10.  Other than Prayers against delegated legislation, very few EDMs are ever debated. The principal (though infrequently used) mechanism for allowing debate is if a Motion is taken up by the Opposition for an Opposition Day debate. Our view is that there is a case for a separate procedure for ensuring that a proportion (however small) of EDMs should be debated by the House, or perhaps more likely in Westminster Hall.

  11.  Deciding which of the many EDMs would be debated would not be straightforward. However, we note that choices are made by the Liaison Committee between the reports of Select Committees in deciding on the subjects of certain debates, and accordingly we propose that the Liaison Committee—or its Chairman—or a similar body take on a similar role in the case of EDMs.


  12.  We recognise that underpinning the Committee's inquiry may be a concern about the number of EDMs now being tabled in a Session. It is a glib point, but the number reflects the success and attractiveness of the procedure. We repeat our view that the correct response to this success should not be somehow to constrain the numbers tabled.

  13.  We do, though, recognise that the costs of printing and re-printing every EDM are substantial, and should be reduced. For most users of Parliamentary papers outside Parliament, electronic versions of the papers are entirely acceptable. The EDM database is a well-developed, and very useful resource.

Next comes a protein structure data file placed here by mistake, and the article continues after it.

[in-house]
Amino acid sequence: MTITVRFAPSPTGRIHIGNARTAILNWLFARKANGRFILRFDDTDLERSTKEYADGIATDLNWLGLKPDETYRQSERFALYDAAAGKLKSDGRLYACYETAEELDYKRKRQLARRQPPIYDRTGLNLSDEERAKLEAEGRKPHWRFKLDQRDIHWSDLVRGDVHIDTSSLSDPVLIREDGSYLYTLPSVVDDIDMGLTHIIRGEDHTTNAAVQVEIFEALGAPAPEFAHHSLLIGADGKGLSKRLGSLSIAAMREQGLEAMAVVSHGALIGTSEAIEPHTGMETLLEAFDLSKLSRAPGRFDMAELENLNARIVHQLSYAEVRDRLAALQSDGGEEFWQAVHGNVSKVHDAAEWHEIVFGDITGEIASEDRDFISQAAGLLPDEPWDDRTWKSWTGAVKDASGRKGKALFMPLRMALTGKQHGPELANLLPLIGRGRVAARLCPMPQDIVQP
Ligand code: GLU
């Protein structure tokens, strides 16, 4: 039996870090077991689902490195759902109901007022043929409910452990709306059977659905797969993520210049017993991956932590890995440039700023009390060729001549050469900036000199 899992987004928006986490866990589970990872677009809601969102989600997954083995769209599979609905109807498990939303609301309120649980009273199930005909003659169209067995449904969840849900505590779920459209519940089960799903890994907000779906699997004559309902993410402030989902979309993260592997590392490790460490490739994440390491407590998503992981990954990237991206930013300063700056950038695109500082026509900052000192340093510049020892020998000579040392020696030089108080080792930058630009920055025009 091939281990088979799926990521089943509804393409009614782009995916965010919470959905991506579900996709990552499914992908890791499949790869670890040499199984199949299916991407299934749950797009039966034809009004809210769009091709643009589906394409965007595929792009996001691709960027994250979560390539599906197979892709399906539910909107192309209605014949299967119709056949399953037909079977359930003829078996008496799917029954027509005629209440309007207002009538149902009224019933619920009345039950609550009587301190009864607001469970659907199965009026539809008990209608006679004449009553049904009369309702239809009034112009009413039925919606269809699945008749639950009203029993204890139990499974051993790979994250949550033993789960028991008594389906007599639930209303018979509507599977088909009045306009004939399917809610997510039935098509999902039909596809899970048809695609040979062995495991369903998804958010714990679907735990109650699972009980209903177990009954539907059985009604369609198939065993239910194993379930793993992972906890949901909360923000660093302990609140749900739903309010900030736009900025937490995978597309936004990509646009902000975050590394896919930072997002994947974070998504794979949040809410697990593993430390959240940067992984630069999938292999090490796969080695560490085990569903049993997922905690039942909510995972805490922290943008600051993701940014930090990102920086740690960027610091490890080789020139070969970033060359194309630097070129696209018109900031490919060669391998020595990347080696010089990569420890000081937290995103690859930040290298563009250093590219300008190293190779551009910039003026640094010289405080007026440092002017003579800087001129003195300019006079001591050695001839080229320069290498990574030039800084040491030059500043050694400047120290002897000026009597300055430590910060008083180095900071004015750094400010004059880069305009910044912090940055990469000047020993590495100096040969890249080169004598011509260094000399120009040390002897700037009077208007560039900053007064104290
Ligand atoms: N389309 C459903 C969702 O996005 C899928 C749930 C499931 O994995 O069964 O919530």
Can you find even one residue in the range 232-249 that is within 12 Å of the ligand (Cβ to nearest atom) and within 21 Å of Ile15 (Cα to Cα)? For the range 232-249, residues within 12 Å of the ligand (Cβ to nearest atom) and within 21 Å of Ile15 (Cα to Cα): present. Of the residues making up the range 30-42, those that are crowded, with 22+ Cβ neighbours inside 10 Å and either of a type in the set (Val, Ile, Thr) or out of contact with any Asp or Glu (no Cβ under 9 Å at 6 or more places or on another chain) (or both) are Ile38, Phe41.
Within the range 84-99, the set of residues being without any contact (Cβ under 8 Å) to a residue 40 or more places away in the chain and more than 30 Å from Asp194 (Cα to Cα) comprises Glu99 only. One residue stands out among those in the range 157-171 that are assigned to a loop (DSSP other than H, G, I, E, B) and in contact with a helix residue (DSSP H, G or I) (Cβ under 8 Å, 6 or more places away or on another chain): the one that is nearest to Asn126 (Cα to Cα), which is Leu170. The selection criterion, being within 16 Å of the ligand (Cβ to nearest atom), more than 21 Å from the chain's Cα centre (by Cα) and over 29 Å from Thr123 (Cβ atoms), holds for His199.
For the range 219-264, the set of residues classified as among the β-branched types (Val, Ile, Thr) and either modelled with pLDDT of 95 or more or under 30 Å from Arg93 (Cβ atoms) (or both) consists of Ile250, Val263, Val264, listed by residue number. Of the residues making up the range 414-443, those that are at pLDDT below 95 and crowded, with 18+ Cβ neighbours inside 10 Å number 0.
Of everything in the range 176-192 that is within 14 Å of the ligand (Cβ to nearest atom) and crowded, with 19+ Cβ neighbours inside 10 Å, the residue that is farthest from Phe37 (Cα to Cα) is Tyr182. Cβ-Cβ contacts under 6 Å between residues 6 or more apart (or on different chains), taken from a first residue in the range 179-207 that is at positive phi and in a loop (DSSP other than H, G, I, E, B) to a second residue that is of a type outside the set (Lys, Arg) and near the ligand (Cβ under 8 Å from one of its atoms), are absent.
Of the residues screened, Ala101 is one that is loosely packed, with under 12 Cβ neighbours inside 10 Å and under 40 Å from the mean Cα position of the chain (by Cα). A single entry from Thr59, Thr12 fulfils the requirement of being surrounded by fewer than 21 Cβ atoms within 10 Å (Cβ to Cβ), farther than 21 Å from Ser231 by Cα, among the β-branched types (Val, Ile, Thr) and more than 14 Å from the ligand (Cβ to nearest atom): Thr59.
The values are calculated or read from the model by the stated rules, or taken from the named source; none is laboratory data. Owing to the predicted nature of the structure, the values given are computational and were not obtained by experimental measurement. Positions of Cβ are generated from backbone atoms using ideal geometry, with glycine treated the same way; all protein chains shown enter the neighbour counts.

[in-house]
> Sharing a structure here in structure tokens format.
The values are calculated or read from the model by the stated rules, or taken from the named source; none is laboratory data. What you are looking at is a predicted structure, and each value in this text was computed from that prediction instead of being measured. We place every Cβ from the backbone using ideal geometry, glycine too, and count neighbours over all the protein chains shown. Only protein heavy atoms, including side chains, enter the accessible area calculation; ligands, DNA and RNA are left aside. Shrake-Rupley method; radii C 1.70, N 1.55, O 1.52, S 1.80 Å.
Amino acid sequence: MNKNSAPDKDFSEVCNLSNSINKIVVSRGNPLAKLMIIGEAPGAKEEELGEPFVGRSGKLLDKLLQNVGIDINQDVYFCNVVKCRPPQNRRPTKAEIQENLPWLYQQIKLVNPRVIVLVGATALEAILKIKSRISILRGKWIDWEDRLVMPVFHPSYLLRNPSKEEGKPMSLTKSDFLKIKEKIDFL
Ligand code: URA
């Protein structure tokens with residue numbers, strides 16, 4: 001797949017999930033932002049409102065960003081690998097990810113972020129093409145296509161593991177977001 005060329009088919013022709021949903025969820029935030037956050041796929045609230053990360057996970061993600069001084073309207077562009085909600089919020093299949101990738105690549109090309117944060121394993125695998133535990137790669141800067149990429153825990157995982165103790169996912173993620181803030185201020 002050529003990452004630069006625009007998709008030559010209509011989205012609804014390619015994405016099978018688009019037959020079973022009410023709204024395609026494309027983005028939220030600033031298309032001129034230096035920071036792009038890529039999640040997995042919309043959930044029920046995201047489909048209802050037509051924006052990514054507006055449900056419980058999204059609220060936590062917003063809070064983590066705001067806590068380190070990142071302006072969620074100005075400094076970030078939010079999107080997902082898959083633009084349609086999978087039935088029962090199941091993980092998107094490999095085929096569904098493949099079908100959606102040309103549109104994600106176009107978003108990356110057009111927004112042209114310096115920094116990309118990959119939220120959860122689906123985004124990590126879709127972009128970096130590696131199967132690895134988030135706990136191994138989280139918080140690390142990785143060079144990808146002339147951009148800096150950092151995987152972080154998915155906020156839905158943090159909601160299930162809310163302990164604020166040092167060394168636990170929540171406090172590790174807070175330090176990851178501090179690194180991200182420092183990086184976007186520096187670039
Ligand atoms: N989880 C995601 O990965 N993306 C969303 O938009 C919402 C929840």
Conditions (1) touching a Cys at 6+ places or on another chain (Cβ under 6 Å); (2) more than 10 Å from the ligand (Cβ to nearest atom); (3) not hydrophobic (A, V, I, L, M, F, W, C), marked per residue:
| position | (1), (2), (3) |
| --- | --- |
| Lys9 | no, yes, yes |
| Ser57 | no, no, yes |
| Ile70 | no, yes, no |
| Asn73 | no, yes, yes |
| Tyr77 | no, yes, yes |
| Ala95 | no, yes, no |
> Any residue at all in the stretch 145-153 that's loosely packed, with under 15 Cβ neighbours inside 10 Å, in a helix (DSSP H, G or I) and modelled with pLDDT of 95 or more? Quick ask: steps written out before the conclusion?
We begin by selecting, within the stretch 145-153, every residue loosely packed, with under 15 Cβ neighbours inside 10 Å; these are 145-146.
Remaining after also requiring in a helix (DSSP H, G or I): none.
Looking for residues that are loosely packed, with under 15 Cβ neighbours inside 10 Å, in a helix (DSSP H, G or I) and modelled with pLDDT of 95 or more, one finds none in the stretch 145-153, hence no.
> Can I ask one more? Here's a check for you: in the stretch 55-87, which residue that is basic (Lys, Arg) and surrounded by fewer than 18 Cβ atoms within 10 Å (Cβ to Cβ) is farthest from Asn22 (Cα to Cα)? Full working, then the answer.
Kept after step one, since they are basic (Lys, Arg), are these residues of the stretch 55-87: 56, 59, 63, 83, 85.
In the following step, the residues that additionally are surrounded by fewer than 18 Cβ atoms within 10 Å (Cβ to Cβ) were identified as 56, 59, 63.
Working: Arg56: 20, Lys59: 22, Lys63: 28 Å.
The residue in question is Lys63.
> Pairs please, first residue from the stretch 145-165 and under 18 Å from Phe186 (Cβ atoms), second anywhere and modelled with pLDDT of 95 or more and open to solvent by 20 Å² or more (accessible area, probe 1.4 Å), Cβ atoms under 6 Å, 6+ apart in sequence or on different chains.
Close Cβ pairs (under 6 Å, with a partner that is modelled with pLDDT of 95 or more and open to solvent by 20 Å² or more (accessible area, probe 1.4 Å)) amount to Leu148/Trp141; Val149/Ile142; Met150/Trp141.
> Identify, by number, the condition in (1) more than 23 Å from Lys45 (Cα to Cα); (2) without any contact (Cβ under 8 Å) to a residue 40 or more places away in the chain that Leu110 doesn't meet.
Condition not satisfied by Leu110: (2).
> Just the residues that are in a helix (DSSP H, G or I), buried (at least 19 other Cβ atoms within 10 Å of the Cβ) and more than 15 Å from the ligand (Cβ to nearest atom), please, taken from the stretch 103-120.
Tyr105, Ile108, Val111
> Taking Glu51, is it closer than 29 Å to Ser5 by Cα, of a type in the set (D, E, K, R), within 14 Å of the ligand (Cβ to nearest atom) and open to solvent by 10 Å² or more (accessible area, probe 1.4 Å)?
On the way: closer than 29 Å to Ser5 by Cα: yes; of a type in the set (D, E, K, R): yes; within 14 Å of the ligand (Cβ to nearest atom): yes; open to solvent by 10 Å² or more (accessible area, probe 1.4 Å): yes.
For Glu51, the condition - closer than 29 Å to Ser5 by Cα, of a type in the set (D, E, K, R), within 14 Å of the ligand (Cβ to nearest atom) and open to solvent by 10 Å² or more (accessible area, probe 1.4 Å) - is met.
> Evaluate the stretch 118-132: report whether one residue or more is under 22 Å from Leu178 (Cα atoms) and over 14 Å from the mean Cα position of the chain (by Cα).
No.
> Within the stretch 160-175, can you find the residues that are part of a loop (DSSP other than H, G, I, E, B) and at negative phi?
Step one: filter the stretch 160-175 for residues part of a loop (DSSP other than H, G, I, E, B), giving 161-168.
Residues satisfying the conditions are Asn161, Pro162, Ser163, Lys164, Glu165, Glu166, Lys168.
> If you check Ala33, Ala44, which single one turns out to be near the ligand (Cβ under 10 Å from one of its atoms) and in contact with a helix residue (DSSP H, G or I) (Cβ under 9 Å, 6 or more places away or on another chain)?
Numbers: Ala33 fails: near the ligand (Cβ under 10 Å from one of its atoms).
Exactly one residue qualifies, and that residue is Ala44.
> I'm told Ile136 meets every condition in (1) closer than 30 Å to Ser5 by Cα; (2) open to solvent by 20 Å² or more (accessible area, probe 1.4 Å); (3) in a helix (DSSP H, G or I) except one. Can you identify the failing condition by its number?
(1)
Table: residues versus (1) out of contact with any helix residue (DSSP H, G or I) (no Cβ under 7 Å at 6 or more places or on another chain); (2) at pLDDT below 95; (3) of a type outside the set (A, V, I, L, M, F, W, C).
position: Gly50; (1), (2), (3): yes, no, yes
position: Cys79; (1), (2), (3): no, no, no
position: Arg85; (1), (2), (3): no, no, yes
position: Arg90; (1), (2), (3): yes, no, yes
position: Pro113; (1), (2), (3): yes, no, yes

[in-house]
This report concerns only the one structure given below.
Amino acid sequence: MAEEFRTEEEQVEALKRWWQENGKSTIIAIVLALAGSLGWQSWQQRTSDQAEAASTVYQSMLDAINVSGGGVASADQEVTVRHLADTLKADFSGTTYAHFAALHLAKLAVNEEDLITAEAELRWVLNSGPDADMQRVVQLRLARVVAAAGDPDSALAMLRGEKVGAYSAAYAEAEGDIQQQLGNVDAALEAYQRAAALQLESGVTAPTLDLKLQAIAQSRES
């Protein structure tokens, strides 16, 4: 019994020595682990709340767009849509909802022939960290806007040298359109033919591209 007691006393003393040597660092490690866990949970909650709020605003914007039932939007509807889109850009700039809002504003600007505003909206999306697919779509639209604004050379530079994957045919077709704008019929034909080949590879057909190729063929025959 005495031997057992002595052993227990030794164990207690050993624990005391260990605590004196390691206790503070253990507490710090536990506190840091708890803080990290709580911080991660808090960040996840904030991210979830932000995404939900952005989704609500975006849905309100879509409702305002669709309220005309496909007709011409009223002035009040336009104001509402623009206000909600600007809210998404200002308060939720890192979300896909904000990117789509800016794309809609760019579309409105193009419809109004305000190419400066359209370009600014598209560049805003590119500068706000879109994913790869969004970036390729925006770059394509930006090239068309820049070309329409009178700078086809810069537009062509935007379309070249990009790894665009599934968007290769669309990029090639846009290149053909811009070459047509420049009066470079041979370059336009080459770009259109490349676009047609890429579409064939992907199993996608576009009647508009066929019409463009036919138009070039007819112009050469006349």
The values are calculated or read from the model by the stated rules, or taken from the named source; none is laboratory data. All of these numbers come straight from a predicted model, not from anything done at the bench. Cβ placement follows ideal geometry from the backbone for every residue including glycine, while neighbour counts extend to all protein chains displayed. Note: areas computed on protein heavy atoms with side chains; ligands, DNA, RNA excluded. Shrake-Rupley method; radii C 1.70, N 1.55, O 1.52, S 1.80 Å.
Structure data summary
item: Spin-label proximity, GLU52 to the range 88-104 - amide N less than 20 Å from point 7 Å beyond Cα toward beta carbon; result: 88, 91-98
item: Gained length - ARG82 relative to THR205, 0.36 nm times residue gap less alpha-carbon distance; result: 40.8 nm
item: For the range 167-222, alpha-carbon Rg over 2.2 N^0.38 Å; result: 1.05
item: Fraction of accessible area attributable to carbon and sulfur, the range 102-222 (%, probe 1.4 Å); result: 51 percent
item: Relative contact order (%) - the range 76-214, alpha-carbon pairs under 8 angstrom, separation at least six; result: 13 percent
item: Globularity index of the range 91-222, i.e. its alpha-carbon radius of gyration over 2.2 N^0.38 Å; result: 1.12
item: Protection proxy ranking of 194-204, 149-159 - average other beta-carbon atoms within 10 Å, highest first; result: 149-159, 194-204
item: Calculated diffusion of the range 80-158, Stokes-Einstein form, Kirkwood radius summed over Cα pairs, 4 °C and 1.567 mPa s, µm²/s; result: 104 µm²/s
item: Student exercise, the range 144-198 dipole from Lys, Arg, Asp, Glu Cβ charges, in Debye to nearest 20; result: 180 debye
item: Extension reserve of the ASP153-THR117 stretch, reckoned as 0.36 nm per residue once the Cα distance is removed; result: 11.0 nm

14.  However, for users within Parliament the printed Order Paper still appears to be a much-referred to document. In relation to EDMs we are aware that many MPs (or their offices) check the new EDMs on a daily basis. On behalf of our clients we would obviously not favour changes which would mean that Motions did not gain the attention of MPs in the way that they do at Present.

  15.  Therefore we propose that:

    —  All new EDMs are printed on the day after they are tabled (as at present).

    —  New amendments to EDMs are printed (together with the text of the EDM).

    —  EDMs are no longer re-printed:

      —  When additional names are added to Motions or amendments.

      —  Once a week (as at present).

  16.  We believe that this would substantially reduce the amount of printing associated with EDMs, and thus significantly lower costs to the taxpayer. Provided that the electronic publication of EDMs is continued we do not believe that this change would undermine the usefulness of the EDM procedure as a whole.


  17.  The APPC is not best placed to judge whether or not it would be appropriate, useful or technically possible for Members to table EDMs electronically. Our only observation is that given the changes made to tabling questions, and given trends in the use of technology, it may well be that electronic tabling is inevitable.


  18.  We hope that this evidence is of interest and use to the Committee in its inquiry. If the APPC can provide any further evidence or information we would be very happy to do so.

Gavin Devine

Management Committee

April 2006